Unfortunately for all those who passionately support efforts by people like David Attenborough to force the world to confront climate change – regardless of where you stand on the issue on what is admittedly quite a wide platform – recent reports suggest we are now in the land of political signaling in environmental policy rather than earnest endeavor.
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UK makes major environmental policy shift (on paper, at least)
As The Spectator reported yesterday, British Prime Minister Boris Johnson and Business Secretary Kwasi Kwarteng announced that the government would enshrine in law the target of cutting the UK’s carbon emissions by 78% by 2035.
That’s 15 years earlier than originally planned.
Why today make Britain a world leader in tackling climate change? Largely, because it is a nice commitment to be announcing in the run-up to the COP26 climate summit in Glasgow this year.
Ardent supporters of environmental issues, of course, welcome the news. However, it would require a lot of big lifestyle changes in terms of diet, transport and housing for the general public. Furthermore, left to government, it will cost both the state and individuals a lot of money.
Environmental policy in the US
Across the Atlantic, the Biden administration is in danger of going down the same road.
That’s not to say they are making unachievable targets. Ratherm, they are in danger of making them without being honest about the consequences.
The problem with governments is they like to show they are “doing things,” even when the actual progress is much less than the headline.
Worse, they hate telling us how much it is going to cost or how they are going to achieve those targets. If you are going to bring the electorate along with you, a dose of honesty would not go amiss.
Take a report by the Financial Times this week, which covered the particularly controversial subject of food.
Much of the agricultural sector’s emissions are generated by the farming of cattle for beef. The Climate Change Committee (CCC) has recommended the UK’s meat and dairy consumption should fall about 35% by 2050.
As a vegetarian, I don’t have any problem with the objective. However, I’d like to know how the government plans to achieve that. Not aspirations: what is the actual plan?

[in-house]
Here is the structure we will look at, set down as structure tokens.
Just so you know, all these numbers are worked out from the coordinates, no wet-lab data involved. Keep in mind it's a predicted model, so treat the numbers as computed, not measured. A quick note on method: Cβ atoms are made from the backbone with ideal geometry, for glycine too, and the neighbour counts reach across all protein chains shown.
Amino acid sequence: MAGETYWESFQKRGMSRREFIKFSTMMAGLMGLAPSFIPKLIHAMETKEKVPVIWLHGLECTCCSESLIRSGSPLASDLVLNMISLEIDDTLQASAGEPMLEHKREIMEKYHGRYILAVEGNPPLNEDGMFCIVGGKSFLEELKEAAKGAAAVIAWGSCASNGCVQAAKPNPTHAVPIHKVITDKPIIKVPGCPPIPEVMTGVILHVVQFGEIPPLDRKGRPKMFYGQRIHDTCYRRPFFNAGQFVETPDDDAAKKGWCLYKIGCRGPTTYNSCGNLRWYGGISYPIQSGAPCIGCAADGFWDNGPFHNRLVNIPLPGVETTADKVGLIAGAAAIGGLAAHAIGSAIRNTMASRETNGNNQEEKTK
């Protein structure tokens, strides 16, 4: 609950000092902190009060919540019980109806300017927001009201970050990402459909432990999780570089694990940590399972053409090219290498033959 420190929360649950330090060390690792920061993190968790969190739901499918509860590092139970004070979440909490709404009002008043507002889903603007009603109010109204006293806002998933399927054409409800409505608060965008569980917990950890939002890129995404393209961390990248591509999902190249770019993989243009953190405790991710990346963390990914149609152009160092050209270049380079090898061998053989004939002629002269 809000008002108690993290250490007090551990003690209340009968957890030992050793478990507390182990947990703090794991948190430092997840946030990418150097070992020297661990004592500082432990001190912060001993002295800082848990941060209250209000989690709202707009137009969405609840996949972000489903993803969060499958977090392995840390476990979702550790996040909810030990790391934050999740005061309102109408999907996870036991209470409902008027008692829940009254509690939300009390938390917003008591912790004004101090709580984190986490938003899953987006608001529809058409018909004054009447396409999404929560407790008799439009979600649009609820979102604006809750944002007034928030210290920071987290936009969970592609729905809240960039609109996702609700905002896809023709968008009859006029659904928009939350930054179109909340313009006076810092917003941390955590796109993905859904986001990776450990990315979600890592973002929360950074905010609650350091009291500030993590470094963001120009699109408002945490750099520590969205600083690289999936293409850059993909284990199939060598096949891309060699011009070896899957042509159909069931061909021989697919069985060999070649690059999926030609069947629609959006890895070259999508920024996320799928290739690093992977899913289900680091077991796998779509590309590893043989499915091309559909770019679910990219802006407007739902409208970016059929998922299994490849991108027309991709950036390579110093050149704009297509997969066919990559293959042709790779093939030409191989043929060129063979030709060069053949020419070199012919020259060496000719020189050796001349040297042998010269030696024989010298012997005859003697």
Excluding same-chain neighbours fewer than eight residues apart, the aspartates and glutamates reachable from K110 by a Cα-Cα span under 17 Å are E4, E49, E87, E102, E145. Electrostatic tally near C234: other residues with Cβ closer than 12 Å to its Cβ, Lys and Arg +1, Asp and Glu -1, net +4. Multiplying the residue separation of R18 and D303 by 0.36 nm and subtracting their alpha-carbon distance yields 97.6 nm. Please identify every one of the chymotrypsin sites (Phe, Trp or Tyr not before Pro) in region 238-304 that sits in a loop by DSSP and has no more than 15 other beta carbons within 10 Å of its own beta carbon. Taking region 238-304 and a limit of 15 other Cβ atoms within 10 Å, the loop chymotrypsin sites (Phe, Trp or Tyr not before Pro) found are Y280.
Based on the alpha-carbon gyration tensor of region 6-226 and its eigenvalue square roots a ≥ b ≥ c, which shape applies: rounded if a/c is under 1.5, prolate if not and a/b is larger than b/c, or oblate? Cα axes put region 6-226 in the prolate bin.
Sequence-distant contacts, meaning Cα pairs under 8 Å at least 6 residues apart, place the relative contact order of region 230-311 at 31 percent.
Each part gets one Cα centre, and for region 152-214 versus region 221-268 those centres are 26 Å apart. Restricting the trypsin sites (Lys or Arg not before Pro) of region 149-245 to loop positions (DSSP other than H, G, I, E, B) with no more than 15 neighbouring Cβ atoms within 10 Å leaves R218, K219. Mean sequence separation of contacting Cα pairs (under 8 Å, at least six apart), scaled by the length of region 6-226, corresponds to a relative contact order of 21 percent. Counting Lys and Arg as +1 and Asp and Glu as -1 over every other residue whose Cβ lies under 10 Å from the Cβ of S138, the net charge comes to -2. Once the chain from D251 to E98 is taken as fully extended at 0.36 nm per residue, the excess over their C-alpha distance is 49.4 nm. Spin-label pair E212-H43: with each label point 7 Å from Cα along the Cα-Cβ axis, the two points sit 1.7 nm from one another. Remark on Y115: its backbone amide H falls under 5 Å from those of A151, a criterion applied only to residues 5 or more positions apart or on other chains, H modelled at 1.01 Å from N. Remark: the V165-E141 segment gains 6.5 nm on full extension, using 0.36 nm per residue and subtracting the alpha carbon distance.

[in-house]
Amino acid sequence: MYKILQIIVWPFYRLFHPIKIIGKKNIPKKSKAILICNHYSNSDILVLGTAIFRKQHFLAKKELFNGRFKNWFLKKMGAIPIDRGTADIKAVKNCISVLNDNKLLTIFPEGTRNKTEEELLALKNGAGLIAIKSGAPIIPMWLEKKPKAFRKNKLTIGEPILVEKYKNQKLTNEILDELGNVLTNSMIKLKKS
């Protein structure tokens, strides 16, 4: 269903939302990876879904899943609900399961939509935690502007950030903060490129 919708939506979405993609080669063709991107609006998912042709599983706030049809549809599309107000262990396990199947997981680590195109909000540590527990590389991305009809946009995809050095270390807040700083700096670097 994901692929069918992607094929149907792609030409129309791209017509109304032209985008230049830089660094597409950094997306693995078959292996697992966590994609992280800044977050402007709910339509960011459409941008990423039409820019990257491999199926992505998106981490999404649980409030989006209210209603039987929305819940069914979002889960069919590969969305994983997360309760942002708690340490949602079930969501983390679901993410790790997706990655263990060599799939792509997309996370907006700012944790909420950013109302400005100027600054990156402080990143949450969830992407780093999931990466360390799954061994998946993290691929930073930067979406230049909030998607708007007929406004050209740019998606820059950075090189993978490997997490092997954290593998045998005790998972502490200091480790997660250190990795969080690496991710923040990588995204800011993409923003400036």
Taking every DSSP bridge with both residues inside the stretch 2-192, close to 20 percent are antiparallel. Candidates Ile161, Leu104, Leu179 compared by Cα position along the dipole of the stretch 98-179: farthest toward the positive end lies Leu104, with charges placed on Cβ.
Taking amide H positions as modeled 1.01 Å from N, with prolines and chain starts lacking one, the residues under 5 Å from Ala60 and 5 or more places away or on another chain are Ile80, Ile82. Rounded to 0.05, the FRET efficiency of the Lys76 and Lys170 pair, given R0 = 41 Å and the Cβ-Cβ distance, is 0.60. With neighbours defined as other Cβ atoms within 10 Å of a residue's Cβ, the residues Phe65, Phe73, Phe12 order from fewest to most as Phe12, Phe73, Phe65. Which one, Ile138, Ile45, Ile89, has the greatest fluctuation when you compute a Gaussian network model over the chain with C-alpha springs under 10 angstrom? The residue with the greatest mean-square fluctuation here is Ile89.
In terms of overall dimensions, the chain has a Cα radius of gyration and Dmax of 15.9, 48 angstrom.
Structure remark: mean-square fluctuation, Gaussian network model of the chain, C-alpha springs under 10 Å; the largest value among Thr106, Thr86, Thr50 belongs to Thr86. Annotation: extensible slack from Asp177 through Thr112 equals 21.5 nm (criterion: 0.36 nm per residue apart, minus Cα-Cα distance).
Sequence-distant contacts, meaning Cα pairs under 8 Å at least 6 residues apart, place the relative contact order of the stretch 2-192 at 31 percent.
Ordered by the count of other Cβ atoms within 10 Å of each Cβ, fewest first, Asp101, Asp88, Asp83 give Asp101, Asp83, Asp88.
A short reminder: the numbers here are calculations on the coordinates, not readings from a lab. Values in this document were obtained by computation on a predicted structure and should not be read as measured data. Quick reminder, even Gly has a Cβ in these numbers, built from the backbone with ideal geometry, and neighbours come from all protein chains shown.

Because applying harsh new food laws, penalties or applying carbon taxes to the food industry will result in resistance. Resistance leads to governments backtracking and, eventually, failure.
Industry vs. legislation
The subject is almost too important to be trusted to politicians and their short-term goals. However, unfortunately, legislation is part of the answer.
On the plus side, industry is way ahead of legislators. From miners to refiners to manufacturers, industry is not only pouring billions into research and new investments. It is also increasing consumer options to pull innovation through the supply chain rather than force change from above.
Aluminum and steel producers are rapidly developing low- or ultra-low-carbon products. They may not reach net-zero by the government’s arbitrary 2035 goal. However, the huge reduction they could achieve will make up a significant percentage of that needed to limit temperature rises as a result of CO2.
Car and appliance makers are actively developing marketable low-carbon brands that will drive innovation in their supply chains. That is not coming at zero cost. Some technologies will cost money, particularly the premium that comes from low production volumes (as with electric vehicles).
But competition is also driving innovation to control those costs. We have seen that with the collapse in solar and wind power production costs over the last 10 years.
Governments would do better supporting research and development, education and innovation than making grandiose statements.
As Google’s origins in blue-sky DARPA research suggests governments have a role in funding areas that industry is too cautious to support. They have a role in education and proof of concept support. The real change will be driven by the markets.
Encouragingly, in that respect, industry appears to be aggressively seeking opportunities to deliver.
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